As Louisiana providers continue their legal fight against state Medicaid cuts, the state's hospitals appear to stand little chance of seeing funding restored in the next fiscal year, starting July 1.
Louisiana Hospital Association President Lynn Nicholas said that hospitals had hoped to restore $30 million of the $40 million axed from their payments in the current fiscal year, but she expects to see only about $8 million in relief when the Legislature adjourns this week.
"That's only 20% of the total cut, so we didn't get a lot," Nicholas said.
Louisiana's total Medicaid budget for hospital inpatient and outpatient services in the current fiscal year is just less than $600 million.
Meanwhile, U.S. District Judge Richard Haik in Lafayette, La., issued a written opinion of his earlier order imposing a preliminary injunction that blocked the state's 7% Medicaid cuts. The state appealed, and the 5th U.S. Circuit Court of Appeals in New Orleans lifted the injunction on May 15.
Haik's is the first written decision assessing providers' protections against Medicaid cuts since the repeal of the Boren amendment in 1997. The Boren amendment required state Medicaid programs to pay "reasonable and adequate" rates to providers.
"It's the first decision to determine what rights remain after Boren," said Steve Sullivan, an attorney for the providers.
Haik ruled that state officials failed to abide by a "public process" provision of the Balanced Budget Act of 1997, which requires states to publish rates, disclose the methodology used to set rates, and give providers and beneficiaries a chance to comment.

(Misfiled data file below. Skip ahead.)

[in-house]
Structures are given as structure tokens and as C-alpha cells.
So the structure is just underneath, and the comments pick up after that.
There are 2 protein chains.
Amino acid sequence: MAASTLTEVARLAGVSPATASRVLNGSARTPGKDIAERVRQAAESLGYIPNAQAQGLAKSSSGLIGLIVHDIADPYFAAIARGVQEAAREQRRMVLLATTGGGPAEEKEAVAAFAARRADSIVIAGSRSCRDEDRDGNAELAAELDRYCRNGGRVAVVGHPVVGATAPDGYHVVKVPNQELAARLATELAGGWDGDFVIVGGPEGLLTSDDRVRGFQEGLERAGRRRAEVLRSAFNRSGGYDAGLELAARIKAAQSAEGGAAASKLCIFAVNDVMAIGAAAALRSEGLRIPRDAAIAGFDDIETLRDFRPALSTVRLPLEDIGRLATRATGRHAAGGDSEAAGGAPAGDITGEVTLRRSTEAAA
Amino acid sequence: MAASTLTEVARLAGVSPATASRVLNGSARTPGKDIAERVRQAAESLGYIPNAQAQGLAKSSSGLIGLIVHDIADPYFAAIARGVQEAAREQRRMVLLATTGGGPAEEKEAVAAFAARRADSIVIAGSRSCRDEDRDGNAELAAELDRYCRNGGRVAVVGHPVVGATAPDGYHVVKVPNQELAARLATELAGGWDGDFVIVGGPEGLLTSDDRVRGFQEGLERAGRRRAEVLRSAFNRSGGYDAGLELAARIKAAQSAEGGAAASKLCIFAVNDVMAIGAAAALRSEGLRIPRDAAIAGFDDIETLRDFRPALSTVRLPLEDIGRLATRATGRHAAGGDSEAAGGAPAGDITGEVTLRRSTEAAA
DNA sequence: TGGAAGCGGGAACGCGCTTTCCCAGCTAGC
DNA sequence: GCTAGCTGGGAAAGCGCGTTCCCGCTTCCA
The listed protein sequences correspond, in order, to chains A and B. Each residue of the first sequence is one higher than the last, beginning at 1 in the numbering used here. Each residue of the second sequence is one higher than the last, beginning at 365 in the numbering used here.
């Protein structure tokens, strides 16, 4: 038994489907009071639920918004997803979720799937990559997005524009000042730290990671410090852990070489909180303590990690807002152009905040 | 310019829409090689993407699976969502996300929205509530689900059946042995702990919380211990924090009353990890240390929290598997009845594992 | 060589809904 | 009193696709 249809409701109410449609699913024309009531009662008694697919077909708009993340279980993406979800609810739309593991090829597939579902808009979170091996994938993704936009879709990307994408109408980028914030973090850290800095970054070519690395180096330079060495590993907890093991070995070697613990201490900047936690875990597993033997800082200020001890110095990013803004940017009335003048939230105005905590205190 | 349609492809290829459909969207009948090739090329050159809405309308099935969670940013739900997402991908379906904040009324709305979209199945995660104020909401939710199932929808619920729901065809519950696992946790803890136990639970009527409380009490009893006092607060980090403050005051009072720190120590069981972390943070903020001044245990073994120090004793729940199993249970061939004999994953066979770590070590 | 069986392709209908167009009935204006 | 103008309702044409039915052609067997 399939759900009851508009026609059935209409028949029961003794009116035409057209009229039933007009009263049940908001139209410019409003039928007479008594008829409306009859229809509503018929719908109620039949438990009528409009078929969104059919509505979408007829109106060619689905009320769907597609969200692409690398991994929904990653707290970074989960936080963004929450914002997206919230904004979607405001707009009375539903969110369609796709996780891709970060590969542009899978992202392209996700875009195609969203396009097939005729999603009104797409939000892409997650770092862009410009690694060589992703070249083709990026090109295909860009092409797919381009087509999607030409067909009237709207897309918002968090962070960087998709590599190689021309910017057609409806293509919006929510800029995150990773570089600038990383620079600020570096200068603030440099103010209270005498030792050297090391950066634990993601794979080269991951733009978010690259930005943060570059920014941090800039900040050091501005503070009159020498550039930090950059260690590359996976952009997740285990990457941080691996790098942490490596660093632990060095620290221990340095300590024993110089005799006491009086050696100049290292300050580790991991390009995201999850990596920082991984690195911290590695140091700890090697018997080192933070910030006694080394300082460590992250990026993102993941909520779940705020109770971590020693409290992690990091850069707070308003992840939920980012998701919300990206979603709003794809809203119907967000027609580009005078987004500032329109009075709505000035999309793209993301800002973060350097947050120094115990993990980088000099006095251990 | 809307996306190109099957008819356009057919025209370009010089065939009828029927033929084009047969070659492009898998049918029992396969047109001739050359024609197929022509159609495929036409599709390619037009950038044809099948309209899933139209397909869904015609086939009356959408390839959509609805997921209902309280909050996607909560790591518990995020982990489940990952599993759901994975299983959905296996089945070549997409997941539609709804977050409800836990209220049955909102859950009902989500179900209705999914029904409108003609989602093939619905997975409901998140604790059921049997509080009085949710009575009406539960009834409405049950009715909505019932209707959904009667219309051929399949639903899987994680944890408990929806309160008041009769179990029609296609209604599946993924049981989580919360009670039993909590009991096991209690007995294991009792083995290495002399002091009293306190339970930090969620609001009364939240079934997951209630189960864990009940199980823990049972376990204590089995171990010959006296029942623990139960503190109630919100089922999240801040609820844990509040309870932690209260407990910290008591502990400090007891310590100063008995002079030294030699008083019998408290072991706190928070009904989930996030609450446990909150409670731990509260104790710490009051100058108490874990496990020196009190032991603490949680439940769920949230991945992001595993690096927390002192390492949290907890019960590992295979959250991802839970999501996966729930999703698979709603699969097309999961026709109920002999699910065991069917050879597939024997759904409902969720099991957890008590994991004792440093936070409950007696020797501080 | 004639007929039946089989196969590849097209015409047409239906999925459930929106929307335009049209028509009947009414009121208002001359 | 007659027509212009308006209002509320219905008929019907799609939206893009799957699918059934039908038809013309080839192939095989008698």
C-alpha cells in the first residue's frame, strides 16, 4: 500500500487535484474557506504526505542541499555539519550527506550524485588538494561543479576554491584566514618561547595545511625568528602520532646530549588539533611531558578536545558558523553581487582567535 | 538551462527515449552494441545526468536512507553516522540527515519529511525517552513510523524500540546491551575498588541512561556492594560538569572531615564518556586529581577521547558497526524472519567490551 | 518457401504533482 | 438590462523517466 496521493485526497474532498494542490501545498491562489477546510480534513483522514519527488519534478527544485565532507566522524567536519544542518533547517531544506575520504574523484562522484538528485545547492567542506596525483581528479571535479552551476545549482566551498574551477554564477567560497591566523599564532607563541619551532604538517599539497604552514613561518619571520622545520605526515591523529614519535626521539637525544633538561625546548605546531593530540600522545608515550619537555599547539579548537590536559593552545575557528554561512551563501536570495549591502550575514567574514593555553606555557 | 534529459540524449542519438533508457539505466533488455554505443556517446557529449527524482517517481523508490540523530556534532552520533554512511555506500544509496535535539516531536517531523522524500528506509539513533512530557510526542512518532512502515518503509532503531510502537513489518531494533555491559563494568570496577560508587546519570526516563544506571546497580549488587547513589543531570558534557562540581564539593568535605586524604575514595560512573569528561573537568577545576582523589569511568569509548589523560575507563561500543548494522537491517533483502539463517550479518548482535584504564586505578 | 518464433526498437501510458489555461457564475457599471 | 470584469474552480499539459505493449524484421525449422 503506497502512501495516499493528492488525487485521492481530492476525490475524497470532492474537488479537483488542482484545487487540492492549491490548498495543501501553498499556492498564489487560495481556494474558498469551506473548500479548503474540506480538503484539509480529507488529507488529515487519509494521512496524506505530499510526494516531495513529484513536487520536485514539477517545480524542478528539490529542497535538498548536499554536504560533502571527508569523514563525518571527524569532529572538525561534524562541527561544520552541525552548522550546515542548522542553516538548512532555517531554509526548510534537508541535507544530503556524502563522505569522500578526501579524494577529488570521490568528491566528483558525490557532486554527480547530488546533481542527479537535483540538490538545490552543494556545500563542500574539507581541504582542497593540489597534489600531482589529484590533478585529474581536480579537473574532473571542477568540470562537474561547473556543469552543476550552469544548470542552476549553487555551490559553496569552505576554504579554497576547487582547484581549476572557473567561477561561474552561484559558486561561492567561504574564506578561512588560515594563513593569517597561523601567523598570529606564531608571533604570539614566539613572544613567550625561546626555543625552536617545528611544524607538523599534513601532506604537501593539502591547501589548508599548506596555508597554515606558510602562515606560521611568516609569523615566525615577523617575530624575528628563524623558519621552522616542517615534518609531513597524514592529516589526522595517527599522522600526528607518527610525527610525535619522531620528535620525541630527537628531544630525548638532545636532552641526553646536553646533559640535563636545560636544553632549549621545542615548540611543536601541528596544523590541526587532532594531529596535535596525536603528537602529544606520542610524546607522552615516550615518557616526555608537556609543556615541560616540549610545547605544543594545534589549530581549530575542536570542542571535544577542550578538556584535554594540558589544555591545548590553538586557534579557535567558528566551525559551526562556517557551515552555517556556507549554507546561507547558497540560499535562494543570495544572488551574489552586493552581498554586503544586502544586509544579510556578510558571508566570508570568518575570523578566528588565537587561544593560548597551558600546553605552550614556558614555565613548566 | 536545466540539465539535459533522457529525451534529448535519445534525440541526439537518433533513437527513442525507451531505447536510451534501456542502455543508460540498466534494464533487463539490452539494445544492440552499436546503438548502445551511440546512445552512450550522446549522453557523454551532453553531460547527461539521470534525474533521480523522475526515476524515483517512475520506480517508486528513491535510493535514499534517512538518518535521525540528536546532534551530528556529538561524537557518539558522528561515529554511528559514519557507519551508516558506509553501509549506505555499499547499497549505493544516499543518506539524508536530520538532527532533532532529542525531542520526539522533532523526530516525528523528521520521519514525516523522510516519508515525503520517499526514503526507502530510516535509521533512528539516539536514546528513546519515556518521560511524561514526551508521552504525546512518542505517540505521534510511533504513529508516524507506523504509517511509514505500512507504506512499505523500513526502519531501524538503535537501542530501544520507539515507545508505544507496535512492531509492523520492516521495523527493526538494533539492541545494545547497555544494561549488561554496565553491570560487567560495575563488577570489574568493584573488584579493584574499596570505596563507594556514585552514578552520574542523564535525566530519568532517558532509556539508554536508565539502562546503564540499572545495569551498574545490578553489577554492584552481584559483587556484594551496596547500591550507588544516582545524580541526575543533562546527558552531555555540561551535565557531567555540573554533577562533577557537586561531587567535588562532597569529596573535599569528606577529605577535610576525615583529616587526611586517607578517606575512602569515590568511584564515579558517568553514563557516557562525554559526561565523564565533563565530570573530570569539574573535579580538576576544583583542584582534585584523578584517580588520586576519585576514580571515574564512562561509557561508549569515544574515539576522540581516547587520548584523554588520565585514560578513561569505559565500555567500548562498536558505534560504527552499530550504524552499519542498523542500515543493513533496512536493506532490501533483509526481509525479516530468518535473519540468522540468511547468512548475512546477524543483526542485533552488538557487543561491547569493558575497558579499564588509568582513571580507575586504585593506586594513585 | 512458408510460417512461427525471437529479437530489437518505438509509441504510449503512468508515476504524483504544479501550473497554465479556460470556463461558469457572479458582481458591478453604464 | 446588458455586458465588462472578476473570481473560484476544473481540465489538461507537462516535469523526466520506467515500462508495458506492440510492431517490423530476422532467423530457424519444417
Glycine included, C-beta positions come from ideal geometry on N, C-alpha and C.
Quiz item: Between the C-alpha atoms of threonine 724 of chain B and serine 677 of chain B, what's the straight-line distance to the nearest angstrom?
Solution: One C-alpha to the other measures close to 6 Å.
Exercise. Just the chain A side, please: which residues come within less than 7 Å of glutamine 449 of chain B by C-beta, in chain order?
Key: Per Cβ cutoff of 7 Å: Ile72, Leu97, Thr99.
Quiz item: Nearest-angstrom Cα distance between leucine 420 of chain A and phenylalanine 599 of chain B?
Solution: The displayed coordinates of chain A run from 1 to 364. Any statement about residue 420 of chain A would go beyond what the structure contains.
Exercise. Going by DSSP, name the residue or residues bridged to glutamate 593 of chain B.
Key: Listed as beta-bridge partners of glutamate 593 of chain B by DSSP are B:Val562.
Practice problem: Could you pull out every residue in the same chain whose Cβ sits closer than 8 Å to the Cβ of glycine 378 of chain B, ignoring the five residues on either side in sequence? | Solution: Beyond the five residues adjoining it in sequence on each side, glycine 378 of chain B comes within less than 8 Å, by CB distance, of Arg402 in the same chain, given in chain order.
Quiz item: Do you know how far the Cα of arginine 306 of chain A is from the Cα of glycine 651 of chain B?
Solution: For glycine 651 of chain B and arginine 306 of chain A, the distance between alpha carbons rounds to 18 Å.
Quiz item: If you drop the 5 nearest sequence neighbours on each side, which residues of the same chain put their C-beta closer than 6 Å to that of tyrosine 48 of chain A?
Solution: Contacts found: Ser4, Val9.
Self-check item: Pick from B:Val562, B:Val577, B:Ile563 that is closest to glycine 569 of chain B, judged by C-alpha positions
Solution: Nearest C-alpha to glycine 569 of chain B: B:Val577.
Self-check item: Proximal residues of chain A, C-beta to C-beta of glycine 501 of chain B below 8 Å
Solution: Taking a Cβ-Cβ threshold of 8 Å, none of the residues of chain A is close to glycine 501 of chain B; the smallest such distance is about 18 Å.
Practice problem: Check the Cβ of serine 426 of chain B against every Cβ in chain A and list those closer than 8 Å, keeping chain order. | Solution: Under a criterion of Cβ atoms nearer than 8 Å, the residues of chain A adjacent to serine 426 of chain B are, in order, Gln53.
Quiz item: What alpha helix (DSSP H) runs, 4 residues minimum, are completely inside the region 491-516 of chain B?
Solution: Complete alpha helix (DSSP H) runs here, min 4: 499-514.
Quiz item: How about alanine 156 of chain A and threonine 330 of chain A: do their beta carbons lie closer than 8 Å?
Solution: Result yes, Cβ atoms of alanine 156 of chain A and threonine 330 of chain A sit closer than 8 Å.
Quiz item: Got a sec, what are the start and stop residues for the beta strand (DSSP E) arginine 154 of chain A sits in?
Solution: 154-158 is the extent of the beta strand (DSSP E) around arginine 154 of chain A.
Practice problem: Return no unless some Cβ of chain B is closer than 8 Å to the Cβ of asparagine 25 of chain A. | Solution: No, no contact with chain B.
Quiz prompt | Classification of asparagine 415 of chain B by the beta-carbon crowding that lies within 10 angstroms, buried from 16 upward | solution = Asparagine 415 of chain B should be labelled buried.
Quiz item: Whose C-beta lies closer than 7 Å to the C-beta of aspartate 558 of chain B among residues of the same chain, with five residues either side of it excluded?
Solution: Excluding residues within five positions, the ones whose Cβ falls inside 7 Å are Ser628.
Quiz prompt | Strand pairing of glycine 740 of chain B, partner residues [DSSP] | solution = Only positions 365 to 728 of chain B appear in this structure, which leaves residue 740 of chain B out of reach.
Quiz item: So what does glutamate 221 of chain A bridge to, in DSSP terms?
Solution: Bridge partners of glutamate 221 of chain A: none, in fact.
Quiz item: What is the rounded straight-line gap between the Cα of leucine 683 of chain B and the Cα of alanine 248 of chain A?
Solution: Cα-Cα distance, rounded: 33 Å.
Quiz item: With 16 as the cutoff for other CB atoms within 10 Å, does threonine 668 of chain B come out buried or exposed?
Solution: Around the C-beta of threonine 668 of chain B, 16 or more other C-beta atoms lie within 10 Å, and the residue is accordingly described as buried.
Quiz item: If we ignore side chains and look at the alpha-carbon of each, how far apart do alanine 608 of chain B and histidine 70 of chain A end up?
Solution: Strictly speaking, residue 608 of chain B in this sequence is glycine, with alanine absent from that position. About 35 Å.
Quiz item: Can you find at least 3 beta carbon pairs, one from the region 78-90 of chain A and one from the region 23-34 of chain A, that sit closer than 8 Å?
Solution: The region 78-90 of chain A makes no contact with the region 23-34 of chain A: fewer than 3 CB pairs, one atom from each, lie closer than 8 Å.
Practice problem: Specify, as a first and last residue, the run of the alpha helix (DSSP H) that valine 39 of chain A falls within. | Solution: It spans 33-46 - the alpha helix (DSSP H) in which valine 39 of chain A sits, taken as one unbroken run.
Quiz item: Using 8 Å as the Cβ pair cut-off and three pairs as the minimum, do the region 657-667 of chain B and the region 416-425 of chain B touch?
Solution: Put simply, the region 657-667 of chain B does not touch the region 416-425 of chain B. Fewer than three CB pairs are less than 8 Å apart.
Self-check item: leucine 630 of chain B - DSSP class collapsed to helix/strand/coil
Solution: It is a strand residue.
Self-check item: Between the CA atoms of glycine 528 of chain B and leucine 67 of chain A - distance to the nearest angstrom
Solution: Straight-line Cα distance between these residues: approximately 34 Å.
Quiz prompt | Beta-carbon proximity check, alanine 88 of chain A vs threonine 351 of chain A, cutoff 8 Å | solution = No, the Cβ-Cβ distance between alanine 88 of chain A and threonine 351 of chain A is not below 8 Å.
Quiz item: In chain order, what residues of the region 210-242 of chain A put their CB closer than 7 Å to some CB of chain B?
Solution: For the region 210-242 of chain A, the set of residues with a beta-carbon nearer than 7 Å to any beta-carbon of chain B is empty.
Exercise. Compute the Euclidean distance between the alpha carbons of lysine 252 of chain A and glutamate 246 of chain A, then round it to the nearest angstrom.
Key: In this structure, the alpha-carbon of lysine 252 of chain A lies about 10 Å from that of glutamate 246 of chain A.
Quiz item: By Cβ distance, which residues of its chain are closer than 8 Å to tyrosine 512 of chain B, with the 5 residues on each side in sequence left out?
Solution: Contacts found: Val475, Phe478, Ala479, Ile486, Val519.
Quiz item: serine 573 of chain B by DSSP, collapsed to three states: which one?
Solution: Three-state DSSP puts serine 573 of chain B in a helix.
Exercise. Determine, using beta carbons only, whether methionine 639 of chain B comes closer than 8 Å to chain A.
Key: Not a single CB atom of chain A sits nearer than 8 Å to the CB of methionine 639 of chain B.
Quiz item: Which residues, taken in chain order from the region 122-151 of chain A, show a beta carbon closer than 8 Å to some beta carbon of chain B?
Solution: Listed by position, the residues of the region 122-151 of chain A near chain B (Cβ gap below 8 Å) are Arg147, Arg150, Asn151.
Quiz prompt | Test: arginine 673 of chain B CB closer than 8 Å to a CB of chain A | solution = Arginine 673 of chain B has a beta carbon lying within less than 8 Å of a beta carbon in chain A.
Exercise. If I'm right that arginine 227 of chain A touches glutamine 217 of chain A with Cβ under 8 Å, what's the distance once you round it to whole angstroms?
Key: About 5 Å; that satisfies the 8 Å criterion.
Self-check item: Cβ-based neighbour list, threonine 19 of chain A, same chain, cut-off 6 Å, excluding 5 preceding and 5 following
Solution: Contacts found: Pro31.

Providers also argued that the cuts violated the equal-access provision of the Social Security Act, which requires Medicaid payments to be adequate for quality and access to care.
In his decision, Haik cited testimony of Louisiana Medicaid Director Thomas Collins and other state officials who said the only justification for the Medicaid reductions was to avoid a budget deficit, and that no studies were performed to determine their impact on providers.
Haik said the cuts pose a "real and substantial threat of irreparable injury" because they might force some providers to discontinue services.
Providers have asked the 5th Circuit to reverse its decision. Arguments are set for Aug. 7.
Payment squabbles are likely to drag on for months. The state announced that it will have a plan in place by July to recoup some $50 million that was overpaid to providers in March, April and part of May, while court orders were in effect. But the department said it does not plan to collect all of the money until the end of December.